For the fourth entry in the series on mimicry and deception, Taisha writes about a plant found throughout much of the world:
Vicia sativa subsp. nigra or black-pod vetch (one of many common names), was photographerd here by frequent BPotD contributor Robert Klips (aka Orthotrichum@Flickr | via the BPotD Flickr Pool). Thanks Robert!
Today’s taxon doesn’t use mimicry for the purpose of pollination, but its mimicry does contribute to its reproductive success. This fabaceous taxon uses Vavilovian mimicry (or weed mimicry or crop mimicry), where a weedy taxon takes on one or more of the attributes of a domesticated crop taxon through unintentional artificial (or human-induced) selection. Vavilovian mimicry is named after Nikolai Vavilov, a Russian plant geneticist who first observed and described this phenomenon in the 1920s.
In the case of black-pod vetch, some of the seeds mimic lentil seeds in shape and mass. Black-pod vetch is often found growing in lentil crops, and when the lentils are harvested, it’s not uncommon that mature vetch plants are processed by the machinery along with the lentils. Some vetch individuals have a recessive genetic mutation resulting in flattened seeds, strongly resembling those of the lentil. During the process of seed cleaning, the vetch seeds are unintentionally sorted with the lentils and later replanted, increasing the success of that particular genetic lineage (see: Erskine, W. et al. 1994. Mimicry of lentil and the domestication of vetch and grass pea. Economic Botany. 48(3):326-332).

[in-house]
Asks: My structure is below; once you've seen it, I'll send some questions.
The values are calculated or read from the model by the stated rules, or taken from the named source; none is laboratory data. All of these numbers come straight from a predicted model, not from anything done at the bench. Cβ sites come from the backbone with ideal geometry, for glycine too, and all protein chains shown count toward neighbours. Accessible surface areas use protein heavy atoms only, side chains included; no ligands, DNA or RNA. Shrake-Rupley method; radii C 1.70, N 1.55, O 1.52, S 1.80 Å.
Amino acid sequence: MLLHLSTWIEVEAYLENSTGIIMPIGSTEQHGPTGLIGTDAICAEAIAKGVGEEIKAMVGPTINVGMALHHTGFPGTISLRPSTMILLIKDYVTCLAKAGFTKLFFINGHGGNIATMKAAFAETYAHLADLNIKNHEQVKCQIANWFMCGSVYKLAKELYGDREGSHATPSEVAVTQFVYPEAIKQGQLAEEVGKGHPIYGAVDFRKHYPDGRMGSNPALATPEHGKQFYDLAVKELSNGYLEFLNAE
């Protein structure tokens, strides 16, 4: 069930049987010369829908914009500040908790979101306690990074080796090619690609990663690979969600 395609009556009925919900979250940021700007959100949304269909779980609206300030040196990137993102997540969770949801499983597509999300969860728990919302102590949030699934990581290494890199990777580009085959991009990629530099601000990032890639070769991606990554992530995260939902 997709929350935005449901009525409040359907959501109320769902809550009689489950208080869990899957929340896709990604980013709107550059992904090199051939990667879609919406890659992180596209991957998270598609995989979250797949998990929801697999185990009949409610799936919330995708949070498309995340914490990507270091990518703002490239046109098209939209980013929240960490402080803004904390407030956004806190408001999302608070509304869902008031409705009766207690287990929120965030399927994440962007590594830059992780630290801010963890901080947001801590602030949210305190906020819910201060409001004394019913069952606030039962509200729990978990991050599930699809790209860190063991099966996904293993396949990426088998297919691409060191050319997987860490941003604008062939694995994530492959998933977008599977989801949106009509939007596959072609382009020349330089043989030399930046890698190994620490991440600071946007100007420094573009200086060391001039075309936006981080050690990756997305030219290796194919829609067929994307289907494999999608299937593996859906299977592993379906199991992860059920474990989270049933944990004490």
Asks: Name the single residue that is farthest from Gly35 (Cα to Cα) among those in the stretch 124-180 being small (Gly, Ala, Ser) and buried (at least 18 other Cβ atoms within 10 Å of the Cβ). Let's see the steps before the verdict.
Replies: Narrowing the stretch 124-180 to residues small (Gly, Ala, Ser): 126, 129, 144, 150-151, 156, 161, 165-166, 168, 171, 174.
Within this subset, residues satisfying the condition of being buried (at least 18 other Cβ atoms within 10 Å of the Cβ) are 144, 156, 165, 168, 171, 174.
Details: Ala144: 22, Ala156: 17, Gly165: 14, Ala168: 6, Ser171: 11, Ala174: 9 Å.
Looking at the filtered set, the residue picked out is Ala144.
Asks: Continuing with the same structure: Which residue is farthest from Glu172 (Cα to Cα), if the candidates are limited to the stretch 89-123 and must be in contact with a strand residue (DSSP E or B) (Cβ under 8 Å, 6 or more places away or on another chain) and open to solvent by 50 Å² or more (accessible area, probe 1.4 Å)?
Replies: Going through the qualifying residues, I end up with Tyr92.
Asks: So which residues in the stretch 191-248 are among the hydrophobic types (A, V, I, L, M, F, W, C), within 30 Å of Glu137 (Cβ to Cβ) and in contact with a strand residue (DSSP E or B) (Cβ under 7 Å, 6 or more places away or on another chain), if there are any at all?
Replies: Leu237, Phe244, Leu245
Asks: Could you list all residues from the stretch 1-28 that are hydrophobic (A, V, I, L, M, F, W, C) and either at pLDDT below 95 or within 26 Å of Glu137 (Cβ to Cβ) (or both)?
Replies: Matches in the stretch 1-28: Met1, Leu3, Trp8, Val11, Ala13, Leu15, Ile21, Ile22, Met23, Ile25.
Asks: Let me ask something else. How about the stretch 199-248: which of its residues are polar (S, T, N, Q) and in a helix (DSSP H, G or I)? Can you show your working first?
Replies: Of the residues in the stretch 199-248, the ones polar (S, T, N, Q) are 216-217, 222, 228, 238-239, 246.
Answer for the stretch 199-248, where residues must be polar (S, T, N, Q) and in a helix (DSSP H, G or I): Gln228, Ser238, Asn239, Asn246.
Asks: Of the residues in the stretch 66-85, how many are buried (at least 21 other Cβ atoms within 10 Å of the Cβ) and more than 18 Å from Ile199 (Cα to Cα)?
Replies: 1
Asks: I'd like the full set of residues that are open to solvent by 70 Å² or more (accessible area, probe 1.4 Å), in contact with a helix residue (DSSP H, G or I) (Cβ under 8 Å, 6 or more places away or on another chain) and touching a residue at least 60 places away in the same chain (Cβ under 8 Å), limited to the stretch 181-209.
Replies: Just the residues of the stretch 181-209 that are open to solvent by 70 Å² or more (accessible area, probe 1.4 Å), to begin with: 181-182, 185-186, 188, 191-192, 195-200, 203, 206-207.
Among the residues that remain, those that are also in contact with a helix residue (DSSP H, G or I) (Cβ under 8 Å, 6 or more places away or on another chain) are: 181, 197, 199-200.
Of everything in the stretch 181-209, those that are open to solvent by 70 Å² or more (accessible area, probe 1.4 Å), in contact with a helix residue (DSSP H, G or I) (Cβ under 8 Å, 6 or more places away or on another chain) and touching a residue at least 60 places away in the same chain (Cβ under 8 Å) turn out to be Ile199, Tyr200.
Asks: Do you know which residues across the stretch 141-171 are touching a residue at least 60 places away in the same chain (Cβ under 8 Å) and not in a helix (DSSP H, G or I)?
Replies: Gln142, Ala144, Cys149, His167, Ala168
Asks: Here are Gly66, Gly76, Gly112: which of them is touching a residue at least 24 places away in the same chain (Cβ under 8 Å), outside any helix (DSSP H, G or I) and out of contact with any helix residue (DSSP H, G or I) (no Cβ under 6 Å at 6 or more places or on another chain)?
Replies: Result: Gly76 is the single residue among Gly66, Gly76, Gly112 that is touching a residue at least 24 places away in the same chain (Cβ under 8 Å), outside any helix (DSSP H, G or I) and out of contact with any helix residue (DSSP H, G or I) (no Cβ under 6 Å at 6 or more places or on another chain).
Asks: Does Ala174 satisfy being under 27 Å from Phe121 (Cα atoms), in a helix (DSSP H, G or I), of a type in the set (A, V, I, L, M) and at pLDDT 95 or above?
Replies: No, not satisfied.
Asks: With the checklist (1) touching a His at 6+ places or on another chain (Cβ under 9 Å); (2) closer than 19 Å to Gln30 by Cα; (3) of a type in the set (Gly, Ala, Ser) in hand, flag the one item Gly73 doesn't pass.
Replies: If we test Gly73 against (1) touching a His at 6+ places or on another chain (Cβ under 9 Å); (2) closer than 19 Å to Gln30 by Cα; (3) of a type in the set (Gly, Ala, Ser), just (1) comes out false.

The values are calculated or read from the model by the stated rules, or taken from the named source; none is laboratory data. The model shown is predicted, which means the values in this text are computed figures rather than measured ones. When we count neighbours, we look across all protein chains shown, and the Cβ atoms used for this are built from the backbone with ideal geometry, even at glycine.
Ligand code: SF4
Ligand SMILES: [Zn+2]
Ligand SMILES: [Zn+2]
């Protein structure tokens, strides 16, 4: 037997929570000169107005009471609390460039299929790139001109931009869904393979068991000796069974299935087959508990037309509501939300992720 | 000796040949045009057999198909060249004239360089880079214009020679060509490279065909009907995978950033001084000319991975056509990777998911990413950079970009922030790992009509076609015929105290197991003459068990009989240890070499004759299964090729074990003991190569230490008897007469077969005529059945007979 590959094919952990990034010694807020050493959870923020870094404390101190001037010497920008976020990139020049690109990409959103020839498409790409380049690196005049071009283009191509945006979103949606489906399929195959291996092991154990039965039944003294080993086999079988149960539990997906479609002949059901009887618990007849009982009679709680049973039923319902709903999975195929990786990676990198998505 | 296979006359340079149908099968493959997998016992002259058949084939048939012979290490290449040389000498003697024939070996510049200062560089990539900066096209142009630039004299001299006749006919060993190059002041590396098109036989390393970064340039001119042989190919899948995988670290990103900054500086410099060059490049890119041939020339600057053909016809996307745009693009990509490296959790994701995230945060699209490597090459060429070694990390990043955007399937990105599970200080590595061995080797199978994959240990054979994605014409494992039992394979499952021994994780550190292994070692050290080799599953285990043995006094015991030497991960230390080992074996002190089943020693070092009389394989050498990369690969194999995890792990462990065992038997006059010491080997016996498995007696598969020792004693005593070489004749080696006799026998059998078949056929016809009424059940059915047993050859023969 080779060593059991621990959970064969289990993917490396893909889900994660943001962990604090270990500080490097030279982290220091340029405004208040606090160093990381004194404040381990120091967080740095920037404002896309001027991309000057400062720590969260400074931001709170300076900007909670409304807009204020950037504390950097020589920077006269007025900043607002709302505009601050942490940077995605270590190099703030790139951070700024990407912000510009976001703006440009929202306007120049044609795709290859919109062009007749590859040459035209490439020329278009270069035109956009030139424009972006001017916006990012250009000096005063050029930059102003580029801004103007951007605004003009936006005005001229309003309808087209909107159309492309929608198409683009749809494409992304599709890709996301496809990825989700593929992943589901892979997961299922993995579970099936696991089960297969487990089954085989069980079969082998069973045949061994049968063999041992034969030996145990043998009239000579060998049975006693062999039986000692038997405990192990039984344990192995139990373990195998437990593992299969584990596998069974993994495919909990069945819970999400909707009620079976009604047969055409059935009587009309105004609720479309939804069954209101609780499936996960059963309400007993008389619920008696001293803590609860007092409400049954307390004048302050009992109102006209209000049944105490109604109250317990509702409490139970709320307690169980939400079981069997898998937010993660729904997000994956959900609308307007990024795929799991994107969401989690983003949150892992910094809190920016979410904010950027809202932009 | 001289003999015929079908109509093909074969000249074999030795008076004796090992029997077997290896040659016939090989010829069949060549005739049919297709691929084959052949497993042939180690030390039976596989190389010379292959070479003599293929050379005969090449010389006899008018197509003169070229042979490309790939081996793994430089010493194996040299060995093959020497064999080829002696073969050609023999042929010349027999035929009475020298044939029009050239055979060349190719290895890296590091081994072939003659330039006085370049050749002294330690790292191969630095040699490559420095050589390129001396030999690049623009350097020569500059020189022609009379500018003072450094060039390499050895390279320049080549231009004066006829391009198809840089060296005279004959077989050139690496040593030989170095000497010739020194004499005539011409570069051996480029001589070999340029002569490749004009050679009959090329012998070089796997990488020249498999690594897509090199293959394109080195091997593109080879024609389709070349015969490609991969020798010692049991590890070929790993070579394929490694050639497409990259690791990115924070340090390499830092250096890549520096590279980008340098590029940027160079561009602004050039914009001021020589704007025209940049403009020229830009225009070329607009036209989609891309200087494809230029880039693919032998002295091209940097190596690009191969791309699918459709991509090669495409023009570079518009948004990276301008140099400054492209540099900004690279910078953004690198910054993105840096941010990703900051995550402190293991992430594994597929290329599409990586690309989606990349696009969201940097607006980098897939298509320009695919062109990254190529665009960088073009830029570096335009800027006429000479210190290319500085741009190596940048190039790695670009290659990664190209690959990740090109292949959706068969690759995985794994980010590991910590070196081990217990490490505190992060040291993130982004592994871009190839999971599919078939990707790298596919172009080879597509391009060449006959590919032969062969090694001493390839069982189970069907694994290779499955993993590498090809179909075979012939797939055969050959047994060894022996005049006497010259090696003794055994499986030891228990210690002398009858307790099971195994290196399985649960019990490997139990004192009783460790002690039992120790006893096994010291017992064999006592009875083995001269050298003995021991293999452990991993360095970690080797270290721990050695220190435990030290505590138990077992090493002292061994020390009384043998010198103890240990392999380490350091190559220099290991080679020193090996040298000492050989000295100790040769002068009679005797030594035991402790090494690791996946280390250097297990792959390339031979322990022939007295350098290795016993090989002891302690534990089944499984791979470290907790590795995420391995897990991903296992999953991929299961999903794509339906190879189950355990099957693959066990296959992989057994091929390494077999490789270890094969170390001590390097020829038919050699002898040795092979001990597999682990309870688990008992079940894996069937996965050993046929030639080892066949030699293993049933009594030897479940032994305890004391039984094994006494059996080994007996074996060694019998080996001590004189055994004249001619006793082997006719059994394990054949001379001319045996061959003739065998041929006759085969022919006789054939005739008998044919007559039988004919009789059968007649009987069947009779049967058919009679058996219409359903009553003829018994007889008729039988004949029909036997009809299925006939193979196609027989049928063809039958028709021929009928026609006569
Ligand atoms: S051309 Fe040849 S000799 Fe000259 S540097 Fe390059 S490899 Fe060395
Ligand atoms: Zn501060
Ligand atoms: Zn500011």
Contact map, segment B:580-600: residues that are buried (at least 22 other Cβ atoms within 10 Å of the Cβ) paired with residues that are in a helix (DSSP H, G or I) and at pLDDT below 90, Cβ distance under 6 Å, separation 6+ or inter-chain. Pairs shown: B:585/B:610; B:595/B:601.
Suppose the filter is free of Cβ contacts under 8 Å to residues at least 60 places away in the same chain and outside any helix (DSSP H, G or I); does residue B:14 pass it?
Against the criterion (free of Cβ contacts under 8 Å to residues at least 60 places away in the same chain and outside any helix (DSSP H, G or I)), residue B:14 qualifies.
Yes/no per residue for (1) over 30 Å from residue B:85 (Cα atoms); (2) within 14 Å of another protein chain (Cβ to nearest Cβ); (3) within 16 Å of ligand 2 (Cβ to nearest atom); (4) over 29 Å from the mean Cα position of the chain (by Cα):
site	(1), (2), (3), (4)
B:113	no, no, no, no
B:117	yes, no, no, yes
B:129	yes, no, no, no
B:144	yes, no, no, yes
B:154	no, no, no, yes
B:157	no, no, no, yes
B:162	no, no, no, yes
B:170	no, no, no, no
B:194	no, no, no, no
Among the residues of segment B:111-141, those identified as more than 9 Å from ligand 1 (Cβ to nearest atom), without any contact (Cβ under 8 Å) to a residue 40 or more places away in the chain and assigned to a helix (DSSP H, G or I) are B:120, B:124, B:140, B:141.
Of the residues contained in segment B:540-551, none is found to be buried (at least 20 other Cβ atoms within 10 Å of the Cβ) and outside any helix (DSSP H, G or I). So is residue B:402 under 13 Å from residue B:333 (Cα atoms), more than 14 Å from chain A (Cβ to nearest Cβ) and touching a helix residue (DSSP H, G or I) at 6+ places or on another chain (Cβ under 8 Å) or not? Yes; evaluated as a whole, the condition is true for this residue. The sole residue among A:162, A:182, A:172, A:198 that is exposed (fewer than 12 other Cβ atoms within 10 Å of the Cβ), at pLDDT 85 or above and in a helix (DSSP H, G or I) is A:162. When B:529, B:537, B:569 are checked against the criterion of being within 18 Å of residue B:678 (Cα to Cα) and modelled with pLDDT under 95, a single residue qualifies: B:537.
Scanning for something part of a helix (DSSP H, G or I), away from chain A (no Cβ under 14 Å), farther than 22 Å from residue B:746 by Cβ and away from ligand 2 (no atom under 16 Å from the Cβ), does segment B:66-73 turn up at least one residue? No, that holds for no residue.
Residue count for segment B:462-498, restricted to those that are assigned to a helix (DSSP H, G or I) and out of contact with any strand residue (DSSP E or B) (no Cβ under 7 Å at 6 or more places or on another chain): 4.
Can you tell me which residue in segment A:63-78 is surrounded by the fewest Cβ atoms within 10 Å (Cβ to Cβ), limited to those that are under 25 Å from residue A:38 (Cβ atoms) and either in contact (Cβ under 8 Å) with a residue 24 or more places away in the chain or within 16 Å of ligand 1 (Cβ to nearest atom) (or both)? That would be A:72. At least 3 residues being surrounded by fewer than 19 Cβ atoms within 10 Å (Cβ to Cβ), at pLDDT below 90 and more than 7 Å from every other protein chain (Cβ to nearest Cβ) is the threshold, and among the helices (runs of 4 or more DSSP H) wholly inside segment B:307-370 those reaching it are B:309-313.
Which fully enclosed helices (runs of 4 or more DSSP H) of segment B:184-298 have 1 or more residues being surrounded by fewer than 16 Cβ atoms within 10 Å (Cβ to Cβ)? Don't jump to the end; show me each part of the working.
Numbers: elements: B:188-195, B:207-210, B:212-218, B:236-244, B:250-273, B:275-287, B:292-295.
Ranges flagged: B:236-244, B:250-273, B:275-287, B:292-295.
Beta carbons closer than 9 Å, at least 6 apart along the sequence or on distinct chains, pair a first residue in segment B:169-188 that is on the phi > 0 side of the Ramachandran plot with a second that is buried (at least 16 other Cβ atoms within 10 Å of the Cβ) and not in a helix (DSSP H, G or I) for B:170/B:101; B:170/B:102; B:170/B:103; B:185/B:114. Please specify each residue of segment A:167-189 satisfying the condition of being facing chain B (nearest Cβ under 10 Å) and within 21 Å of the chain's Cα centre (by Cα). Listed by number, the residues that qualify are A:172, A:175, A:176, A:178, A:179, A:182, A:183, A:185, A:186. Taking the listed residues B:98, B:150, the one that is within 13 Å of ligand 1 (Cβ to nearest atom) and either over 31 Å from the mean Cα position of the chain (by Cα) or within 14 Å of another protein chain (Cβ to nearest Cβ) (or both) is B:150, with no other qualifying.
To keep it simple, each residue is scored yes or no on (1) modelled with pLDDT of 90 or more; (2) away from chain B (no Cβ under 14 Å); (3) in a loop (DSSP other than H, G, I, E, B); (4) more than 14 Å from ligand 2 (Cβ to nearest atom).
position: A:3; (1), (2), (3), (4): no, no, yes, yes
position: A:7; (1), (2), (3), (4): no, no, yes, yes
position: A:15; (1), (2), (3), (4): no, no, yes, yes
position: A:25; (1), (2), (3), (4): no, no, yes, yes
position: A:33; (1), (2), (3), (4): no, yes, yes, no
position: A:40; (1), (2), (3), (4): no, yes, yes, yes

Vavilovian mimicry can also occur vegetatively, as in barnyard grass (Echinochloa crus-galli var. oryzicola). The barnyard grass camouflages itself amongst crops of cultivated rice (Oryza sativa) by strongly resembling the young rice plants. One of the few distinctions between the two is a small ligule that can be found on the rice plants. However, because it requires effort to search for the ligule, it is inefficient to remove the barnyard grass by hand weeding. Those that do stand out for some readily apparent reason are weeded out, so there is an artificial selection pressure to resemble the rice plant at that stage in its life cycle.
This form of mimicry can have positive effects (from a human agricultural perspective). Some species that were once considered weeds are now important crop species. For example, the progenitors of rye (Secale cereale) and oat (Avena sativa and ilk) were once considered weeds growing amongst wheat (Triticum spp.). However, being exposed to similar selection pressures, these ancestors of modern rye and oat crops developed domesticated traits such as large seeds, rigid panicles, and non-shattering qualities, thus making them suitable for growing as cereal crops. These once-weed crops were termed secondary crops by Vavilov (see: Barrett. S. 1983. Crop mimicry in weeds. Economic Botany. 37(3): 255-282).